In my college years of the mid 1970s, I thought civilization's biggest problem was that the earth was running out of resources. The 1970s energy crisis was in full swing. Gas lines, the OPEC oil embargo and US oil wells running dry.
I thought we were also running out of minerals. Mines being depleted.
I thought my future would require a lot of innovation, some of it making life healthier; such as bicycling and public transit. Some of it technological; such as solar power.
I underestimated the ability of us to develop new mines for minerals, use technologies; such as fracking, to continue oil production, use conservation and substitutes to keep prosperity going.
I still remember a lecture, I went to, with some off campus expert. He was talking about the future and I brought up a question, from the audience, about us running out of resources.
The person giving the lecture answered that that we could find a way. New deposits of minerals would become economically viable, depleted forests could be replanted and so forth.
Then he pointed to his bald head and said, "the main thing we have to worry about running out of is the will to innovate and a belief in the future."
To a large extent, he was correct. Shortages of the 1970s gave way to more surges in global prosperity.
Back then, I wasn't thinking about climate change, however. Climate change is the main worry we face today, rather than running out of resources.
Back in grade school, I saw a film, about weather, named "Unchained Goddess." It had a segment on polar icecaps melting due to our carbon dioxide emissions and Florida being under the ocean. That movie and that one segment is on YouTube today. Film made in 1958. I saw it several times in 1960s.
The problem must have been pretty far in the future, back then, so it was more of a theoretical topic. I didn't make the connection, or worry much about it till the 1980s, when Al Gore started talking about global warming.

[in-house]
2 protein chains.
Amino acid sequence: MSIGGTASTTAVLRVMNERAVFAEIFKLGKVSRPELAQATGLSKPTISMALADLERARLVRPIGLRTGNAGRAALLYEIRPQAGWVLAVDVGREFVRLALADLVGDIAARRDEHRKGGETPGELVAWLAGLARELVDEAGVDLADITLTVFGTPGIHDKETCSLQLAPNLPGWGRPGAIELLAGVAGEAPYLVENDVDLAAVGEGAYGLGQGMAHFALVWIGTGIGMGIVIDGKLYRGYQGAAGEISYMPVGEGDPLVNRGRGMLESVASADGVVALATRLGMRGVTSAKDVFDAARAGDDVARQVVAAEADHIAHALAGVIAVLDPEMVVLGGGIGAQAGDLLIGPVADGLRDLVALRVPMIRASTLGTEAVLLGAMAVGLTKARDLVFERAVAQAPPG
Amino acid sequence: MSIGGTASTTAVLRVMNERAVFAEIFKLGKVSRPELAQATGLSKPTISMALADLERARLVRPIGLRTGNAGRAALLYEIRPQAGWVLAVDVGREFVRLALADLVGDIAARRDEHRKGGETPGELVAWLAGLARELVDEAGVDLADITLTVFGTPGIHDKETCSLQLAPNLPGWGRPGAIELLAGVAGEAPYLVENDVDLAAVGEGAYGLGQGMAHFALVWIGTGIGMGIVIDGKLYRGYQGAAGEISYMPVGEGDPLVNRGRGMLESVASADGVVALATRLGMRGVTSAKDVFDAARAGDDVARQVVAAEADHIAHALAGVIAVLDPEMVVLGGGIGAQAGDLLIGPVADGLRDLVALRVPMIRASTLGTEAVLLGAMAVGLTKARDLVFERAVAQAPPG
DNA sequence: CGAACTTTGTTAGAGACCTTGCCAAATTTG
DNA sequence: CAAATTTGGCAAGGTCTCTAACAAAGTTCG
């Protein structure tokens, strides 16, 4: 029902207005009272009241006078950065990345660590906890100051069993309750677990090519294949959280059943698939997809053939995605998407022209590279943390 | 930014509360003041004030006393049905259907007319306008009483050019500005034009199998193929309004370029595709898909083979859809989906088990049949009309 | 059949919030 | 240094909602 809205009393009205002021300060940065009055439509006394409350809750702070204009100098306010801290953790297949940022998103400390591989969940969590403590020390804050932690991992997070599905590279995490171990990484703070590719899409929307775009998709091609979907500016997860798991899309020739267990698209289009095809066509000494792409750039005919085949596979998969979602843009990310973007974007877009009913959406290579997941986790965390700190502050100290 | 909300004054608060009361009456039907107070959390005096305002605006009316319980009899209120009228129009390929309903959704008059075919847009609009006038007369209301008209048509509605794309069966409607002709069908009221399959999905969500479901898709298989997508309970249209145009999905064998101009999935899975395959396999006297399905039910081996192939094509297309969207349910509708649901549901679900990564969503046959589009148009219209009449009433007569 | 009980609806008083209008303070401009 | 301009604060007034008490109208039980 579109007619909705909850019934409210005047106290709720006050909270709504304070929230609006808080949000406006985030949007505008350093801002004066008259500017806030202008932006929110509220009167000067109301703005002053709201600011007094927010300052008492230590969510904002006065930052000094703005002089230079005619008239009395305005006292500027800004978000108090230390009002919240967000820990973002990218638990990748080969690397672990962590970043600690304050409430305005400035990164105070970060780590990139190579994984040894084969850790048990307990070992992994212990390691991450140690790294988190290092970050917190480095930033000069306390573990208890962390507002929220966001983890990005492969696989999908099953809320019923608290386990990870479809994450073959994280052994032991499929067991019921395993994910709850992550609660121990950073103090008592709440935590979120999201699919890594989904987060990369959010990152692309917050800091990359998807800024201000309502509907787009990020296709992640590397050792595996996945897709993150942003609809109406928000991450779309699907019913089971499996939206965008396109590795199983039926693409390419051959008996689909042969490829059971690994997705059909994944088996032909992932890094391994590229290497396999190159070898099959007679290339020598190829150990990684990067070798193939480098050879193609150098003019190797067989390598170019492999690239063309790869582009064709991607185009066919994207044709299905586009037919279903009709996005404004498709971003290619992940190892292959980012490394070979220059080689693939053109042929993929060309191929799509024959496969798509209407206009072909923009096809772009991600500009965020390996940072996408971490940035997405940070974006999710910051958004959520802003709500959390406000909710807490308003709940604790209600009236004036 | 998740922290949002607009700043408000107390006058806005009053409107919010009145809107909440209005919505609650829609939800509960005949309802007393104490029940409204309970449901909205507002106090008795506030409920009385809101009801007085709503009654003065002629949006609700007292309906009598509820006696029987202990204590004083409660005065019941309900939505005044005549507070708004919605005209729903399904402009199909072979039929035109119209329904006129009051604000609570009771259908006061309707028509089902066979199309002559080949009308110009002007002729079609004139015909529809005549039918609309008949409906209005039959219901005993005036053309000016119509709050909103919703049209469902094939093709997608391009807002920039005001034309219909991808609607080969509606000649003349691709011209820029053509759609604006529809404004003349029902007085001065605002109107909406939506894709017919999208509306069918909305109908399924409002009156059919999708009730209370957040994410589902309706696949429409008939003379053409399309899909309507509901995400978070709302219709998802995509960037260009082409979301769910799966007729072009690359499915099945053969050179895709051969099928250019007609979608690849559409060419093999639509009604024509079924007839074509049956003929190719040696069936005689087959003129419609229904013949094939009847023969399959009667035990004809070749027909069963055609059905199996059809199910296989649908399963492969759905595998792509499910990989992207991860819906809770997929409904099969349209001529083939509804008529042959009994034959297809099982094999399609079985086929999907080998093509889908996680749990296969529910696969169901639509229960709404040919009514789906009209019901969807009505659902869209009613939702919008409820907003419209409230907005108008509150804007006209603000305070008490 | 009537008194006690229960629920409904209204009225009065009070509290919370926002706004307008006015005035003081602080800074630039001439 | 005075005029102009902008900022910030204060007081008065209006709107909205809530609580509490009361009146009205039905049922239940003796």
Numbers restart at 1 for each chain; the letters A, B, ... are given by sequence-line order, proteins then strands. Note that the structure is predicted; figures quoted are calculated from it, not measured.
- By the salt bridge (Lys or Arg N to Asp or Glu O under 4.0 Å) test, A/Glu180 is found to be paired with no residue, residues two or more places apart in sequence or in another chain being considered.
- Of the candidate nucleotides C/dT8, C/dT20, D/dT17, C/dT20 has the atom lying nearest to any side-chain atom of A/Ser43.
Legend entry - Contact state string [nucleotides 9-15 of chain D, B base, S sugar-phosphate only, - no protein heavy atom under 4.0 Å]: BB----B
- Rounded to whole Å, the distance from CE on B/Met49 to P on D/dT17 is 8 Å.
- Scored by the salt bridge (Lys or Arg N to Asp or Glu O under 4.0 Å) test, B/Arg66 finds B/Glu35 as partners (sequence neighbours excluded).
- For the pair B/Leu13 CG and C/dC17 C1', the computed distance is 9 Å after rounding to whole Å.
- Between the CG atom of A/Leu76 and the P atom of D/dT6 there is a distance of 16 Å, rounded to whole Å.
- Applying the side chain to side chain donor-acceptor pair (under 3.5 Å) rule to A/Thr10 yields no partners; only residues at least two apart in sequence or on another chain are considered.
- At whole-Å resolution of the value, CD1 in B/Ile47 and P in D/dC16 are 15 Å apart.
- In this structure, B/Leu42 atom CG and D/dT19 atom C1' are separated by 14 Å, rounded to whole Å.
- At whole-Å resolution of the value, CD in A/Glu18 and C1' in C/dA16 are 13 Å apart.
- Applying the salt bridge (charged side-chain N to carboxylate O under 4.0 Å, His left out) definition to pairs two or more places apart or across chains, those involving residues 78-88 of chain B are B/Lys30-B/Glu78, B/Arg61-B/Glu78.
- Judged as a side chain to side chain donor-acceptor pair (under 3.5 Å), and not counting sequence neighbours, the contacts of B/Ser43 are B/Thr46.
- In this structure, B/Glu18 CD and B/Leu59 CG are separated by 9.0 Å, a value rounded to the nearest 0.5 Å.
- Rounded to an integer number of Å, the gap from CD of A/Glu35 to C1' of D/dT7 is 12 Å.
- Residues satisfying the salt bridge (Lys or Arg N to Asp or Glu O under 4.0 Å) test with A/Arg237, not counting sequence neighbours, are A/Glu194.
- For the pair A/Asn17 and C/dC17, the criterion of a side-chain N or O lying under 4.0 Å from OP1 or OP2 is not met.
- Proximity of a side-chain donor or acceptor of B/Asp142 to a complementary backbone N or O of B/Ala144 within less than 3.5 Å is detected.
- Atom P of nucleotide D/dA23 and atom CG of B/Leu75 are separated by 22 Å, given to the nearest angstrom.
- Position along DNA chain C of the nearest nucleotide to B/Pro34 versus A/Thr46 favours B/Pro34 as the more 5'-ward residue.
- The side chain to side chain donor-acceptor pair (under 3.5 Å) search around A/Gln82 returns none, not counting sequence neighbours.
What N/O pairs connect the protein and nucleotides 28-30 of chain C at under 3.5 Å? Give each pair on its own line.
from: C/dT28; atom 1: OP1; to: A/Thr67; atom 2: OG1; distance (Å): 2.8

We'll see if we can innovate our way out of this problem along with the other limits on planet earth that are still here. Limits that are somewhat like movable boundaries.
One of our problems is simply running out of land. Yes, there is still plenty of open space in places like Wyoming, but some of that land is needed for things like bird migration, watersheds, mining and so forth.
Our cities and infrastructure keeps getting more crowded and taxed. Traffic seems unsolvable, unless maybe we have a radical change toward embracing public transit, or something like more work from home.
We seem to be gridlocked in many ways, including the rise in real estate prices near cities. In my college days, I would have never imagined that single family homes, in so many places, would be around a million dollars apiece.
Part of this problem is pushed by low interest rates making land purchase too profitable. Also our lack of densifying neighborhoods in our metropolitan areas to accommodate the population growth.
Population growth was seen as a big problem, back in my college days, as well.
Maybe we can still point to our heads and say, like that lecturer in my past, the answer and the limits are up here.
Better late than never, we still, most likely, need to curb things like greed and population growth. We also need to be open to change and innovation.